Sean Penn, the spitting image of Hugo Chavez

Sean Penn is back to his usual useful idiocy, as Michelle Malkin notes on her blog today. She quotes him:

To treat (Hugo Chavez) coldly is akin to spitting on him. As a country we’ve done enough of that.

Wrong, bucko, we haven’t done enough of that. If anything, Obama kissed his fourth point of contact a couple of weeks ago.


Watch Cold Case: Stealing Home on CBS tonight

Tonight, CBS will air a special episode of their police drama series Cold Case. The episode, titled “Stealing Home,” is about the murder of a baseball player who defected from Cuba. It airs at 9PM eastern, please watch it.

I’ve been told by a good friend that this episode will show the truth about Cuba, as opposed to the whitewashed tropical paradise the mainstream media would have you believe Cuba is under the Castros. That’s why it’s imperative for as many of us to watch it.

One of the stars of the show–Danny Pino–is a Cuban-American and I understand he helped write the script for tonight’s episode. I also understand Steven Bauer, another Cuban-American actor, will be on the show.

In case you’ve never seen it, Cold Case is about a fictional unit in the Philadelphia Police Department that, as the show’s name suggests, focuses on solving cold cases. The show is one of the few TV shows I watch and enjoy, and that’s before I knew Danny Pino’s background or that this episode would be shown at all.


Speaking Truth to Power and the Oblivious Useful Idiots

Big Hollywood’s Veronica DiPippo takes the Hollywood left to task over their Che worship and points out how they ignore history, but she does it with a twist. She doesn’t look at the 1920’s and the 1930’s–she goes way back to 1782:

That was the year a new play by Pierre Beaumarchais really began to make ripples in pre-revolutionary France. “Le Mariage de Figaro” was a clever comedy about the continuing exploits of The Barber of Seville’s main character, Figaro. The inspiration for Mozart’s opera was, in fact, considered revolutionary, because its main character openly criticized the nobility.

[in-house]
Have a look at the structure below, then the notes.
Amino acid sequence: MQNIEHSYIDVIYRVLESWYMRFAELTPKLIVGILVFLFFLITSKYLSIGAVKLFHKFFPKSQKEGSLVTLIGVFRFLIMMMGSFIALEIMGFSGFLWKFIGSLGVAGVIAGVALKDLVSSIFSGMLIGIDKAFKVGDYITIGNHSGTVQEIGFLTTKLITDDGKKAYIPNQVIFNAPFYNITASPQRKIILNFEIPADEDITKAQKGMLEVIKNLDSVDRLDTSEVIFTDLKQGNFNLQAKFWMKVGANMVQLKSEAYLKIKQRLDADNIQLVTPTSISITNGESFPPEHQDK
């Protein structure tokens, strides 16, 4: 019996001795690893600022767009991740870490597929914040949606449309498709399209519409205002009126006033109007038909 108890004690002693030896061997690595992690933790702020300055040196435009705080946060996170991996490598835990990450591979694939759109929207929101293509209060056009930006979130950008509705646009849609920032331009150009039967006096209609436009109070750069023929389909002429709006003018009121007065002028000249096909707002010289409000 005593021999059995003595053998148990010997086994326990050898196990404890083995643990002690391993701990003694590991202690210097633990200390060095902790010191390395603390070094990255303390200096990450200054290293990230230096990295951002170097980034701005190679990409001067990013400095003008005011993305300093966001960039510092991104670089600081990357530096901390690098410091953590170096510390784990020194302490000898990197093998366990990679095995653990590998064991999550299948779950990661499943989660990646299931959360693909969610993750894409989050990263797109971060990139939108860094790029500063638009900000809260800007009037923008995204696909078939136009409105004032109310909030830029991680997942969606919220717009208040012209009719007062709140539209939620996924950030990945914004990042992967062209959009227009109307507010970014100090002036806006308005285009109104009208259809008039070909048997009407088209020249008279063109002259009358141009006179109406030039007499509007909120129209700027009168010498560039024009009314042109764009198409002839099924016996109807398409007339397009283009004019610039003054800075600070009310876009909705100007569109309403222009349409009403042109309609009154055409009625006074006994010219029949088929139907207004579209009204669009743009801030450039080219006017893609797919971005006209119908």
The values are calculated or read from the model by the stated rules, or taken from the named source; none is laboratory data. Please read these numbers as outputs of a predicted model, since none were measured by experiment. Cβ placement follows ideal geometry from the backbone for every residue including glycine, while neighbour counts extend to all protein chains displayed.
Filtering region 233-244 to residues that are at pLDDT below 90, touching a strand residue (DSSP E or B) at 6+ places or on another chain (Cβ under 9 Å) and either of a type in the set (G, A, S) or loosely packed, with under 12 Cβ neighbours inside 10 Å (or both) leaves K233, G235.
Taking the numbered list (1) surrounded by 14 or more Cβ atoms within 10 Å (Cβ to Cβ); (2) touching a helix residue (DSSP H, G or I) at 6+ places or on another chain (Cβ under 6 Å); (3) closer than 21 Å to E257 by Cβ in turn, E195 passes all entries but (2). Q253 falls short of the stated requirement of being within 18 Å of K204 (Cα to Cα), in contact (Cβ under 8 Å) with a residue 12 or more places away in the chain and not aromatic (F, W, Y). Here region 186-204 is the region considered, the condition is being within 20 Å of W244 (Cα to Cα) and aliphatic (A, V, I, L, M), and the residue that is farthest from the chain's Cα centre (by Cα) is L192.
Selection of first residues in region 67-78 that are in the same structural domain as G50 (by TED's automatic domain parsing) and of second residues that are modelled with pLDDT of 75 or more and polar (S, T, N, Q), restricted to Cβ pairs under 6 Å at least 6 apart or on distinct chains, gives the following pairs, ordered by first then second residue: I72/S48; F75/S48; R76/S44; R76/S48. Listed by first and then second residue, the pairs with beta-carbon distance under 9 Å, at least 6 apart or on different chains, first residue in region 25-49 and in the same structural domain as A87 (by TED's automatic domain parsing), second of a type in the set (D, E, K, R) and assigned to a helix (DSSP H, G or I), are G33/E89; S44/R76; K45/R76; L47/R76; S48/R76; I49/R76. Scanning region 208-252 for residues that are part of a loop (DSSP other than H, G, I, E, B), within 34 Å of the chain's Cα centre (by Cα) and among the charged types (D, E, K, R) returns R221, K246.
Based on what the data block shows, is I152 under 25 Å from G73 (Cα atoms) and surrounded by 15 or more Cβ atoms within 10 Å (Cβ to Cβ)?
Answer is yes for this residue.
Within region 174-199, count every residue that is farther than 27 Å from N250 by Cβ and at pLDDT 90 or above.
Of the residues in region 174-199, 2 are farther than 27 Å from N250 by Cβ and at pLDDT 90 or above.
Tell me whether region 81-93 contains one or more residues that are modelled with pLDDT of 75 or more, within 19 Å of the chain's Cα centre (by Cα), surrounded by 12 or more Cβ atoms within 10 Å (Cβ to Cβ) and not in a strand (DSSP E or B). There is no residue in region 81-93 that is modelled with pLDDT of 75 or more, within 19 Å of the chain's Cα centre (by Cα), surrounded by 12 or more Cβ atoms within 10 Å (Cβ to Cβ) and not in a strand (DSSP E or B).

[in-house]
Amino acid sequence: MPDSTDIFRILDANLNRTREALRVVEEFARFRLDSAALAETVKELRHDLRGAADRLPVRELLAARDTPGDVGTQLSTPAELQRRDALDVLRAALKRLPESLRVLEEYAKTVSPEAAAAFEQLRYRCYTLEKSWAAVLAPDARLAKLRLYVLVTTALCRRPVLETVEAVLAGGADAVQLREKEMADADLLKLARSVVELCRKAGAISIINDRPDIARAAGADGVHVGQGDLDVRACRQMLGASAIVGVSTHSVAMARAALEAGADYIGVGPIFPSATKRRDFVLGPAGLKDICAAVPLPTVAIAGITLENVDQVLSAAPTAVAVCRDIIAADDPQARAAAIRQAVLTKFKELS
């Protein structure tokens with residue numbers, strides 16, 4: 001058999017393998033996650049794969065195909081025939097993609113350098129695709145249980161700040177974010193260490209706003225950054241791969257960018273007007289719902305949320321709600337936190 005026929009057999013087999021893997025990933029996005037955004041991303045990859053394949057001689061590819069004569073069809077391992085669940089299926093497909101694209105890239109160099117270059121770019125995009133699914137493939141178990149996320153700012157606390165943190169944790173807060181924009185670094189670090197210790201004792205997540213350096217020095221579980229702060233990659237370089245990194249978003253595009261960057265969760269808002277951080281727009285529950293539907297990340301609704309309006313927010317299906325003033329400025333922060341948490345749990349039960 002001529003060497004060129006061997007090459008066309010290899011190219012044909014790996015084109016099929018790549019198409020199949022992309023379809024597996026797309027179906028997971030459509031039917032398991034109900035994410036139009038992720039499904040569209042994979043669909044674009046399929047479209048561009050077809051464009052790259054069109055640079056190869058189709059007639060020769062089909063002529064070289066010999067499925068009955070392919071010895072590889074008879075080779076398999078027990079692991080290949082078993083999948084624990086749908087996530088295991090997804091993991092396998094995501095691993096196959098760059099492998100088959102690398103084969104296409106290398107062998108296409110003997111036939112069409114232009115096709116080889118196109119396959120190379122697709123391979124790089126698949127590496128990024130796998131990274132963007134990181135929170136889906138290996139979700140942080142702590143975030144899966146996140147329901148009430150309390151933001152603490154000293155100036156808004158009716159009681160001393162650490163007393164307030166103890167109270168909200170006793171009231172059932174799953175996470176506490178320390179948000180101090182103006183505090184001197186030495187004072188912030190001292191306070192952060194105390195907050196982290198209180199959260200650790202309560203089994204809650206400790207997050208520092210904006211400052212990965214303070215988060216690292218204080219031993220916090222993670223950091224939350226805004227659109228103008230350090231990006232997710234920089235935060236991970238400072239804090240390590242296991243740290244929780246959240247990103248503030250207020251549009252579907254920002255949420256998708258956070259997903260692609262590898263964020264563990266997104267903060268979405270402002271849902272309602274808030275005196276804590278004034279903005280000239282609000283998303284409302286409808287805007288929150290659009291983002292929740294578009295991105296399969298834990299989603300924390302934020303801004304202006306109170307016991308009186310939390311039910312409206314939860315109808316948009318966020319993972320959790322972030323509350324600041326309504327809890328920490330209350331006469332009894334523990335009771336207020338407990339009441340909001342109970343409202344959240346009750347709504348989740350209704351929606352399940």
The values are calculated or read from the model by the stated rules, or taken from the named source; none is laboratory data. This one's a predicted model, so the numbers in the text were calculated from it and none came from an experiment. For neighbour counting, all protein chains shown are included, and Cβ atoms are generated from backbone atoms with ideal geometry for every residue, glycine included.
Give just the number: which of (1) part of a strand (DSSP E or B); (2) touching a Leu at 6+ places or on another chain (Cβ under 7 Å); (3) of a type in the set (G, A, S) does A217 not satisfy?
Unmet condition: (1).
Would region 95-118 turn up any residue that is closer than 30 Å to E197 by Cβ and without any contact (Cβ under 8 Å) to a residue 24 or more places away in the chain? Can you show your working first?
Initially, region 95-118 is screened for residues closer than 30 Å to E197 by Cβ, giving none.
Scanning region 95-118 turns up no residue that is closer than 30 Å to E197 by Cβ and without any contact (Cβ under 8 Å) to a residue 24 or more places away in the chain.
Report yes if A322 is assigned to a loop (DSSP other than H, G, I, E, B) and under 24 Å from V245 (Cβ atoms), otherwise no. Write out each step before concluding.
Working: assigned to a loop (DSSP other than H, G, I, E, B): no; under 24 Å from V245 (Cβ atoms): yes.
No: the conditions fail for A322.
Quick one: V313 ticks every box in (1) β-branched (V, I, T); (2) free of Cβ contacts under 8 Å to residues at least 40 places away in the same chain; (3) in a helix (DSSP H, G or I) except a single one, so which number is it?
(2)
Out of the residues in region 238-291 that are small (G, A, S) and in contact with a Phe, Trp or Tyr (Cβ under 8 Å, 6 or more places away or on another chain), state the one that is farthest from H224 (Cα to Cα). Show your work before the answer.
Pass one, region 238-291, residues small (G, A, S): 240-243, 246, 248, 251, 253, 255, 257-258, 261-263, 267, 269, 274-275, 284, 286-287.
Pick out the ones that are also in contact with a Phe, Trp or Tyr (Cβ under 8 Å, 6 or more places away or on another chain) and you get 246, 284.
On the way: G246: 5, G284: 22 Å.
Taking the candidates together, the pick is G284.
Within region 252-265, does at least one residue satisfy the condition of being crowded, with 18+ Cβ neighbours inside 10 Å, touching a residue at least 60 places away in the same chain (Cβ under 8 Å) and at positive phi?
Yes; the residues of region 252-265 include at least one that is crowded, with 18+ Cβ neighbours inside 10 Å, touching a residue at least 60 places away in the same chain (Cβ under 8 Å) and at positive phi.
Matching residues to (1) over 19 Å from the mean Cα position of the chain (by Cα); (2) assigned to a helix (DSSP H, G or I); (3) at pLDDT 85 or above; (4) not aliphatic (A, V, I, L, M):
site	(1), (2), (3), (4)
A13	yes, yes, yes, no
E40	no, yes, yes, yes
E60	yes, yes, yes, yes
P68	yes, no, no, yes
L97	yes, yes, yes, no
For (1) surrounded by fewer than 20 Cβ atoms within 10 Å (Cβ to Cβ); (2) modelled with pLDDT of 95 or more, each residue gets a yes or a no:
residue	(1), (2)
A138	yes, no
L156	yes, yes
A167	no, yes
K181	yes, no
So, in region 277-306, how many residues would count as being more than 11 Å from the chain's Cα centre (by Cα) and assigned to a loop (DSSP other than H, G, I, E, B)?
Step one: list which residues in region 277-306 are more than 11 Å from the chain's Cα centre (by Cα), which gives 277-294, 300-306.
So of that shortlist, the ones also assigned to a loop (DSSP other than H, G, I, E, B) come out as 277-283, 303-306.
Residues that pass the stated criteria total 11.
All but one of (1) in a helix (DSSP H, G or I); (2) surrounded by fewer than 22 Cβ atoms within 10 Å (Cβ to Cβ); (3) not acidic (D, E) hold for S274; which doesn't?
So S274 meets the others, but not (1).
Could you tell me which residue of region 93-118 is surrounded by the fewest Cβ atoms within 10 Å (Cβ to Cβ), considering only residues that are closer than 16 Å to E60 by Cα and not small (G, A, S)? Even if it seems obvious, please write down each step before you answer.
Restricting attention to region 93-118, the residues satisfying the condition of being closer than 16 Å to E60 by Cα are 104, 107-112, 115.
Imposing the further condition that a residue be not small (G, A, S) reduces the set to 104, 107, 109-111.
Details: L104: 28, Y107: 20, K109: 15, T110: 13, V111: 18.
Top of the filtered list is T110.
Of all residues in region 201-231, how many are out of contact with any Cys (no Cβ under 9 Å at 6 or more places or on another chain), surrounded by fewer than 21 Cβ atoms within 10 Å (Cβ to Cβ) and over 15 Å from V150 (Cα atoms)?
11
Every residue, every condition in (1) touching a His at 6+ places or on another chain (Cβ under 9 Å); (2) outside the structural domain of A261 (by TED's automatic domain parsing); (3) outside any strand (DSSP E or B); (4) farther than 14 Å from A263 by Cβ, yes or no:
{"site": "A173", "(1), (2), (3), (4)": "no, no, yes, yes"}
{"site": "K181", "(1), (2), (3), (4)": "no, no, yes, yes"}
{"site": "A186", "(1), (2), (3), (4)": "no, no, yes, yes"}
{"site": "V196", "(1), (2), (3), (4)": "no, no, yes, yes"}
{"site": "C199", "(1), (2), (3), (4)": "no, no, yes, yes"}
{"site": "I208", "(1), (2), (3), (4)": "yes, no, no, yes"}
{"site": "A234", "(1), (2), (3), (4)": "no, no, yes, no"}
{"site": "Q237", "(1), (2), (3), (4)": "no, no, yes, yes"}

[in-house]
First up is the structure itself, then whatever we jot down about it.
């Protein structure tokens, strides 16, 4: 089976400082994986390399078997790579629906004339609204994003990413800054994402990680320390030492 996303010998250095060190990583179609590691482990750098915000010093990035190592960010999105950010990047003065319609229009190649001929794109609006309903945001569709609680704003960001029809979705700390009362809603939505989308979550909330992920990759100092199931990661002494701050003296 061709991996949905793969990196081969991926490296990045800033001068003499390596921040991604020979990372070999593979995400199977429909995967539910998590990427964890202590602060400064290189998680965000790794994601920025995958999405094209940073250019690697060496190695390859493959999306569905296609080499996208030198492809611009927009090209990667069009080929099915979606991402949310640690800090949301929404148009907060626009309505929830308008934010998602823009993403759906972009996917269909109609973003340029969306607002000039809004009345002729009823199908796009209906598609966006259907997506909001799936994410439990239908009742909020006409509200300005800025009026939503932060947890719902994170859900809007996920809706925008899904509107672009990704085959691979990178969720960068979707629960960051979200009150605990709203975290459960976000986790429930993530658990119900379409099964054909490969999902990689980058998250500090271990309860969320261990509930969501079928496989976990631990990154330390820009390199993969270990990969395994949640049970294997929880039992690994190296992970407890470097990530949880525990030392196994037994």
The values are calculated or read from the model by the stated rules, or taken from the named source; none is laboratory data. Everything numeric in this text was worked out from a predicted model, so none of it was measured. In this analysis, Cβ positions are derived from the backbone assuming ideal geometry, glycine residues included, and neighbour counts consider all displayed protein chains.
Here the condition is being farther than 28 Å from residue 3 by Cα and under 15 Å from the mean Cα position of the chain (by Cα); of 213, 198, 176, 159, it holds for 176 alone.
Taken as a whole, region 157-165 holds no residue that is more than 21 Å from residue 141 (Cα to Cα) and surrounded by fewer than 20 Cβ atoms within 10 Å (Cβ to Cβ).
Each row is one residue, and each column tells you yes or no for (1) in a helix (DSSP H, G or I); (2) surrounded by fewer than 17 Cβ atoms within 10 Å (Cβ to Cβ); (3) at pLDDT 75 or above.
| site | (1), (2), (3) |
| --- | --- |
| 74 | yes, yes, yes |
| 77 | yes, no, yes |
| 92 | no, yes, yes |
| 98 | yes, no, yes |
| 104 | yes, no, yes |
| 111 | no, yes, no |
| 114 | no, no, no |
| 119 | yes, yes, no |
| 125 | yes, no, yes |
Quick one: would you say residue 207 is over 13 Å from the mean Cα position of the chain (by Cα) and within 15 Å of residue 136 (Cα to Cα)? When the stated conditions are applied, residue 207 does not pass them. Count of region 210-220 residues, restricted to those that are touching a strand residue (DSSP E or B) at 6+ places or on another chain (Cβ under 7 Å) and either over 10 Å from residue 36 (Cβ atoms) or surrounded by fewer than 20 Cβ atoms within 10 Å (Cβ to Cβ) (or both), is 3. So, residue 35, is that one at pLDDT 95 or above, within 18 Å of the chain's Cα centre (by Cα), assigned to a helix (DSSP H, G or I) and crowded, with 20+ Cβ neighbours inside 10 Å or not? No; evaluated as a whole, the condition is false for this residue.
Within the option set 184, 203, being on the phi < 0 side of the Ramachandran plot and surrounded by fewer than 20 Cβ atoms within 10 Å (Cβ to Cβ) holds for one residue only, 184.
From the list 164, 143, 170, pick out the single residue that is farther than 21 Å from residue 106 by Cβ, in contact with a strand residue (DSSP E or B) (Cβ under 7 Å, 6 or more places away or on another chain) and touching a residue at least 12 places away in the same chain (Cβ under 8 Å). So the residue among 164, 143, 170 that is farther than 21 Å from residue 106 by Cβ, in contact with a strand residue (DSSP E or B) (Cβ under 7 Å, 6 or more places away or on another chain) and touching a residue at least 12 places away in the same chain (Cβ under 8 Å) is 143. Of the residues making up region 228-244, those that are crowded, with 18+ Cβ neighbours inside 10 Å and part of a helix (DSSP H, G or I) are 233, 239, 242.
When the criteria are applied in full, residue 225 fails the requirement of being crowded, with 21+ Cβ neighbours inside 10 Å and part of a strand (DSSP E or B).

So, how does Figaro of the 1700’s compare to today’s Che-worshipping Hollywood?

Instead of identifying with the character of Count Almaviva, the nobleman Figaro was railing against, the French aristocracy, in a fit of cognitive disconnect worthy of a Hollywood liberal, identified with Figaro, the Count’s lowly servant. Soon, Beaumarchais’ bon mots became all the rage among the very people they scorned and sought to undermine. Despite King Lous XVI’s ban, Figaro quickly topped the must-read list of the French elite. All those who desired a reputation as a wit, daring lover of the risqué and trend-setting raconteur simply had to have it read in their parlors by the author himself.

And that leads to…

The Internet is filled with first-hand accounts of Cuban repression and brutality. Most poignant, perhaps, for any artist enjoying the free exercise of their art in a country of unparalleled freedom, are the accounts of writers, poets, artists, and musicians who have been persecuted and imprisoned for the crime of merely expressing themselves.

The fact that any self-respecting artist would champion an oppressor of artists is disturbing to say the least. In a breathtaking act of obstinate unawareness, America’s Che-lovers have recklessly endorsed a system of government, which – were it ever allowed to flourish on these shores – would necessarily result in their own destruction.

And that’s but one reason I often say those who support the Cuban dictatorship should be forced to live there, not as one of the privileged elites but as one of the Castro regime’s victims.